Exploring a new destination steeped in history – GIFU


Photography: Kazuya Baba

Gujo Hachiman Castle looks beautiful in snowy winters as well.

We here are jSnow introduce our readers to new snow destinations in every issue we publish. This time around, we’ll be shining a light on a place largely unfamiliar to our fan base—Gifu. Readers will most likely associate regions we have covered, such as Hokkaido, Nagano, and Niigata, as renowned snow destinations in Japan. However, residents of Osaka, Kyoto, Nagoya, and other areas of western Japan are likely to have deep connections with Gifu when it comes to snow. Gifu is situated next to Nagano prefecture in a deep inland mountainous area. While its location makes for excellent snow, it remains fairly unknown to international visitors due to the lack of outward marketing as the place to go for snow. This makes it a hidden gem just waiting to be uncovered.

I will be telling you all about the wonders of Gifu through this closing feature alongside the collection of photos I took on my visit there during the 2020 season. The photos were taken while I was based in three locations: Gujo Hachiman, which is a mere stone’s throw away from Nagoya (the third largest city in Japan after Tokyo and Osaka); Hida Takayama, which is a popular tourist destination where old townscapes of Japan can be seen; and the UNESCO World Heritage Site of Shirakawa-go.

The view from Meiho Ski Resort, just 30-minutes away from Gujo Hachiman.

Gujo Hachiman

A waterside town at the base of a mountain Home of the famous Gujo Odori
Stunning water channels are found all over the place. Koi can also be spotted swimming in them.
A view of the whole town can be seen from the castle
Gujo is a riverside town known for its pure and beautiful water.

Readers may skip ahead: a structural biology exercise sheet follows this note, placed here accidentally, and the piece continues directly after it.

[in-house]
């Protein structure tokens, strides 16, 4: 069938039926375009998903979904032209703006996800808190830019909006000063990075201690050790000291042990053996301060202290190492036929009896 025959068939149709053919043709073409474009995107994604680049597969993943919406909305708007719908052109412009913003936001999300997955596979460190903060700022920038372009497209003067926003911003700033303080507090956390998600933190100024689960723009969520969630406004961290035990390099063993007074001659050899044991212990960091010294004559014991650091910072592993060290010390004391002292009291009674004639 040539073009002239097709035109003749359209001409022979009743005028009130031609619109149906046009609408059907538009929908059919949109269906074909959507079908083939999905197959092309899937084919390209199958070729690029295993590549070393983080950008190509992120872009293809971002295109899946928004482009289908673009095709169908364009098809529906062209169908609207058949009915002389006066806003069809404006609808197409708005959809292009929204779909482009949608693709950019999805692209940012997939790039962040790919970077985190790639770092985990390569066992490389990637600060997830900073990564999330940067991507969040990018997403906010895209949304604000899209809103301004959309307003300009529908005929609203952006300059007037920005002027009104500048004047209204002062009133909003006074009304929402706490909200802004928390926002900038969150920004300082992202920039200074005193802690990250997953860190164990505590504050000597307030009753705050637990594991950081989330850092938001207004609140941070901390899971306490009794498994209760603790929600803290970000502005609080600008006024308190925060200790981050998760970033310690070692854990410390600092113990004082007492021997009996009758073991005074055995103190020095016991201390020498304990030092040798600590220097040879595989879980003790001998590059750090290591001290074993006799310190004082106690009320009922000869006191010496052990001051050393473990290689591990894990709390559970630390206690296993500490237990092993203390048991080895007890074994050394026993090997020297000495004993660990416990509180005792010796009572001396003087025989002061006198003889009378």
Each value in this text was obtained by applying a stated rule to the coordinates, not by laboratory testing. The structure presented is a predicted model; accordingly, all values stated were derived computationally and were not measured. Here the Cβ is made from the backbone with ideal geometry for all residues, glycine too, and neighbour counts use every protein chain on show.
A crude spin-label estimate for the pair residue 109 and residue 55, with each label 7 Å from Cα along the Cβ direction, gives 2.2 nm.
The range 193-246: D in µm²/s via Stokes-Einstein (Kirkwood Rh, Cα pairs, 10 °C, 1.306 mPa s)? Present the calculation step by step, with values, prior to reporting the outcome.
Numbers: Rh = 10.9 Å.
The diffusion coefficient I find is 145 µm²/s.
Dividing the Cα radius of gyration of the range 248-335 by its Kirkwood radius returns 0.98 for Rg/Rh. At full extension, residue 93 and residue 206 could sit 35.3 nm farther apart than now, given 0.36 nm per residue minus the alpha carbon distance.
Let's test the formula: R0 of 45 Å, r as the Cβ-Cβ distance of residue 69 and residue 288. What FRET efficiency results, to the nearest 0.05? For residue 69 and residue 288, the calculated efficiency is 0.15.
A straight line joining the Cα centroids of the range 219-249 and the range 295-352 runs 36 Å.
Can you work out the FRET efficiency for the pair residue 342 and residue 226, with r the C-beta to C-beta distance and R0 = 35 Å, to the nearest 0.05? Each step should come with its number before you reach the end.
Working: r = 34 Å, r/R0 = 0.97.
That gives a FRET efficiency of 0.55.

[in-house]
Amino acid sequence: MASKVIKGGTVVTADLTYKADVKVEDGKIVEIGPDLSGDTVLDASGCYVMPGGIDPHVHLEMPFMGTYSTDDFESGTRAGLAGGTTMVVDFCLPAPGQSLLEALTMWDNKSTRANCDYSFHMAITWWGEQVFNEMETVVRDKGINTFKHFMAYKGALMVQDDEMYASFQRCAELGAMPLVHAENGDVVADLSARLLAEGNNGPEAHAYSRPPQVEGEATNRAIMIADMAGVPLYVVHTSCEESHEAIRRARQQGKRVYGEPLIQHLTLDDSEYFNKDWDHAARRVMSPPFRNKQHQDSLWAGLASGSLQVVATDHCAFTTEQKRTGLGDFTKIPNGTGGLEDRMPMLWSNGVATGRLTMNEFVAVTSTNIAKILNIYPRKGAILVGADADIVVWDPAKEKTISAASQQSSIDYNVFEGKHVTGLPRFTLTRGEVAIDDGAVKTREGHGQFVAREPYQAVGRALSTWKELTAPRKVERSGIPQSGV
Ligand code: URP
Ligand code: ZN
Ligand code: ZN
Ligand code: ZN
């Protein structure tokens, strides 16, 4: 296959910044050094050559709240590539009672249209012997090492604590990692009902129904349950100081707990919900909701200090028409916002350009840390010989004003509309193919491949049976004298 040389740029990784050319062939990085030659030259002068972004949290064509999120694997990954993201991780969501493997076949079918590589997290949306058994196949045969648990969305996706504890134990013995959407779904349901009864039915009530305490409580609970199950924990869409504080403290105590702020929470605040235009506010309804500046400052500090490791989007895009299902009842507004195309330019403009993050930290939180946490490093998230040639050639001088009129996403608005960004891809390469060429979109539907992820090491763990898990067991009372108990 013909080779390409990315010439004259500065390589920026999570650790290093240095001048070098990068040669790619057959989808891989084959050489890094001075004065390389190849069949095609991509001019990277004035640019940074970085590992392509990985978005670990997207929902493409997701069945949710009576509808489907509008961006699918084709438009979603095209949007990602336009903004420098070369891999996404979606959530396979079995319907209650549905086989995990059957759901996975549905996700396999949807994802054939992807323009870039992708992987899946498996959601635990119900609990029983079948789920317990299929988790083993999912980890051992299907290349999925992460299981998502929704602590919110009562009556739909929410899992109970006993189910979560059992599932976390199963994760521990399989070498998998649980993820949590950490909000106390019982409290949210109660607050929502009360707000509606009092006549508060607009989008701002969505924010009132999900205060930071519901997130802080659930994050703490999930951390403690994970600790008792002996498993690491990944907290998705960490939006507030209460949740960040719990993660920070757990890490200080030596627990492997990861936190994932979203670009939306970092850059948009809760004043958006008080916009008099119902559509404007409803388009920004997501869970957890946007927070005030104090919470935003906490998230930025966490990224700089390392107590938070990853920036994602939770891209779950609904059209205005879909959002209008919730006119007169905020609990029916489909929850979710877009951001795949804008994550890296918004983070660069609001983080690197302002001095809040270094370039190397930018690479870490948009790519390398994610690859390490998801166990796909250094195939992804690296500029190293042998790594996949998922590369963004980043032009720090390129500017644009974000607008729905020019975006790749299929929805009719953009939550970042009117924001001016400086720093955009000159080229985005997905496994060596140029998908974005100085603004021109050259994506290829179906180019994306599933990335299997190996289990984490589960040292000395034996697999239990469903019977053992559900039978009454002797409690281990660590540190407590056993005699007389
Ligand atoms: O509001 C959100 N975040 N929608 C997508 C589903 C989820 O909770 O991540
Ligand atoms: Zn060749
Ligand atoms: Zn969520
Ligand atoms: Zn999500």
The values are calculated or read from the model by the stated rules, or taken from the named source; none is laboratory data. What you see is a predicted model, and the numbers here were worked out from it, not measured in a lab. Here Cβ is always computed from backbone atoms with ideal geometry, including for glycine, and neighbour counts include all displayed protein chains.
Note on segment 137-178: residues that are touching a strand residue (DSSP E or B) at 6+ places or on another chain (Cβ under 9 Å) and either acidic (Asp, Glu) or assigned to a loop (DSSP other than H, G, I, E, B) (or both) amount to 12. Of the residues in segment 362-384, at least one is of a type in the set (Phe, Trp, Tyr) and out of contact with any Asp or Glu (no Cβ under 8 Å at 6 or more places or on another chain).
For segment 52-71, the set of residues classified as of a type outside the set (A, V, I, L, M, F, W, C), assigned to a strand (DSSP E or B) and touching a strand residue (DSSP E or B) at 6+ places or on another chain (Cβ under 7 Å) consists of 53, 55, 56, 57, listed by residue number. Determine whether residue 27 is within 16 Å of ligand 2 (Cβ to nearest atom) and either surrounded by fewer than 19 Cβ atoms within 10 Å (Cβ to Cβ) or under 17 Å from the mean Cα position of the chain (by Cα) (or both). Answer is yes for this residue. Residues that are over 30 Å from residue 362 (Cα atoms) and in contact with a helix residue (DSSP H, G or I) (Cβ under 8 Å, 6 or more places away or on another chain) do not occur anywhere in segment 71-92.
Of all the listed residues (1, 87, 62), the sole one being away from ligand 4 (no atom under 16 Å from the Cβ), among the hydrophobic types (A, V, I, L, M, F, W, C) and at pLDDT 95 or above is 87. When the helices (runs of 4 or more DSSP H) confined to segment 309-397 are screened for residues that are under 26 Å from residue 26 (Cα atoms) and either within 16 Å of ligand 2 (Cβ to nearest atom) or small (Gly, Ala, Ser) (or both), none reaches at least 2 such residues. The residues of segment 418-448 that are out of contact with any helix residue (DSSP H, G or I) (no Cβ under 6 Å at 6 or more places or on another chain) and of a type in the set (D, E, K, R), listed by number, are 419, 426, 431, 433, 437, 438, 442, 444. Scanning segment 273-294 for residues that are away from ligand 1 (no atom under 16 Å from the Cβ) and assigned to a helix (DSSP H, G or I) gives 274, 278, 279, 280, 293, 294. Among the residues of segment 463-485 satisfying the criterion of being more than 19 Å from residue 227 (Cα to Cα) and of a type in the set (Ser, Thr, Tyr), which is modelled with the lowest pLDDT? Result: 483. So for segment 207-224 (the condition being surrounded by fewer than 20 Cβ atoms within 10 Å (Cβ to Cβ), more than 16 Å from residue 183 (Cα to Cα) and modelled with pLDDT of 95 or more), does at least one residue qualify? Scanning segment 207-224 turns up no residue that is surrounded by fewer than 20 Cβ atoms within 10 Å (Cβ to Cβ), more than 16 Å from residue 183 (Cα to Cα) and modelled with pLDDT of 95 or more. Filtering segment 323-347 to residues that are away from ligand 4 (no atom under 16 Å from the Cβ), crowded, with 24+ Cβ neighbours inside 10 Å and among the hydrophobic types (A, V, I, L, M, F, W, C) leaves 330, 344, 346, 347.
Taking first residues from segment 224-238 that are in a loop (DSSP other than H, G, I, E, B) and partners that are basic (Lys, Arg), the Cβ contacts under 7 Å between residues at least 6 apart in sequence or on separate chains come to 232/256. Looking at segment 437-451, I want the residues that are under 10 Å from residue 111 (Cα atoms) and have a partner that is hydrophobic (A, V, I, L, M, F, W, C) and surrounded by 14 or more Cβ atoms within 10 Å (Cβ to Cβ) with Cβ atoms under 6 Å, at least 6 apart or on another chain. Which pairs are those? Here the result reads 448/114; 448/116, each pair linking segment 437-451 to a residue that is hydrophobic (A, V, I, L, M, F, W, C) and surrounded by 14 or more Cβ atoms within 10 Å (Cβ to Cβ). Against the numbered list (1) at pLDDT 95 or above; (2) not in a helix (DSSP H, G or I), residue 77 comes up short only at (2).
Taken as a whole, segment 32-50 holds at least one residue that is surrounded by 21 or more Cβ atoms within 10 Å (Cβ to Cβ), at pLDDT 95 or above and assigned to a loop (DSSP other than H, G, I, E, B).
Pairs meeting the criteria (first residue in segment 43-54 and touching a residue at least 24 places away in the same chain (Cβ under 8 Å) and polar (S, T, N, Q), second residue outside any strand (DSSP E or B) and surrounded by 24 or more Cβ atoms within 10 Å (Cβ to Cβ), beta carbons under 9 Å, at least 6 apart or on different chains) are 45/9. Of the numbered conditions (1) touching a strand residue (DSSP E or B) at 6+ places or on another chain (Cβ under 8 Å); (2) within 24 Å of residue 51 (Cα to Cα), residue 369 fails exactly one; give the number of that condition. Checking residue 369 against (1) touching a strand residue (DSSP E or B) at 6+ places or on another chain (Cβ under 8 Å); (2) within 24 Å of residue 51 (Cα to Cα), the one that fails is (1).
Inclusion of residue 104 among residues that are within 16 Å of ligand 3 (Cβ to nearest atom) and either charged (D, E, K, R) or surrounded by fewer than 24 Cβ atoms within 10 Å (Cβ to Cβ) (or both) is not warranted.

The retro-feel of the redroofed izakaya (Japanese pub) wonderfully oozes with history.
Trying your hand at making food samples is another joy of visiting Gujo. Tempura prawns, lettuce, and other food samples can be made here.
There is a project underway in Gujo where traditional Japanese dolls, displayed during the Girls’ Festival, know as “hina ningyo” are “brought to life”. These dolls can bem found around town getting up to all sorts of activities.
Gujo is known for its Gujo Odori, a muchloved dance with over 400 years of history. The custom of dancing on end throughout the town can be seen from July to September.
Gifu is the home of Hida Beef (Hida-gyu), a famous brand of wagyu.
Kobokobo—local beer brewed using the town’s pristine water.
Meiho Ski Resort is a famous Gifu ski slope. Its many snow machines guarantee plentiful snow at all times.
Powder snow can be enjoyed on the tree-runs here following a night of snowfall.
Takasu-Dynaland Ski Resort is the largest ski resort in western Japan and boasts a colorful station on its slope.
Ryu Resort and Spa (http://ryuresort.jp/lg_en/) is a luxury resort partway between the Gujo area and Takayama. Drop on by if you’re looking for a plush stay in Gifu

Hida Takayama

Streets filled with Edo-period history and culture; mountains bursting with snow activities
Takayama Jinya is the only surviving government headquarters from the Edo period. Head over in the morning to stroll through the markets held at the plaza in front of the gate there every day.
Endless hours can be spent simply strolling around the old streets and visiting the shops here.
In the centre of Takayama city are two bronze statues: Tenaga (long arms) and Ashinaga (long legs). This one here is Ashinaga. The statues are of characters in Japanese folk tales.
One of the big three morning markets in Japan—Miyagawa Morning Market. Well worth rising early for a visit.

Takayama is also famous for its ramen and “Takayama-style” ramen is known across Japan. This particular ramen is from Mametengu, a long-established popular ramen restaurant. This is a must-visit restaurant for ramen lovers.
Honokidaira Ski Resort is located approximately 40-minutes away from Takayama. This undiscovered
gem offers the best powder snow experience in all of Gifu owing to its high altitude.

For those looking to enjoy some sightseeing or activities in Hida Takayama, drop by to visit Satoyama
Experience (http://satoyama-experience.com/), a service welltrusted by overseas visitors. This picture
was taken during a snowshoe tour.


Thatchedroof houses: a typical building technique in snowy regions Beautiful winter wonderlands in this World Heritage Site
Thatchedroof houses: a typical building technique in snowy regions Beautiful winter wonderlands in this World Heritage Site
Scarecrows, modelled on humans, have been used since ancient times to keep birds away from farms and fields.
The sight of thatched-roof houses is quintessential to snowy rural areas of Japan. This area is now popular amongst visitors from overseas following its inscription as a UNESCO World Heritage Site


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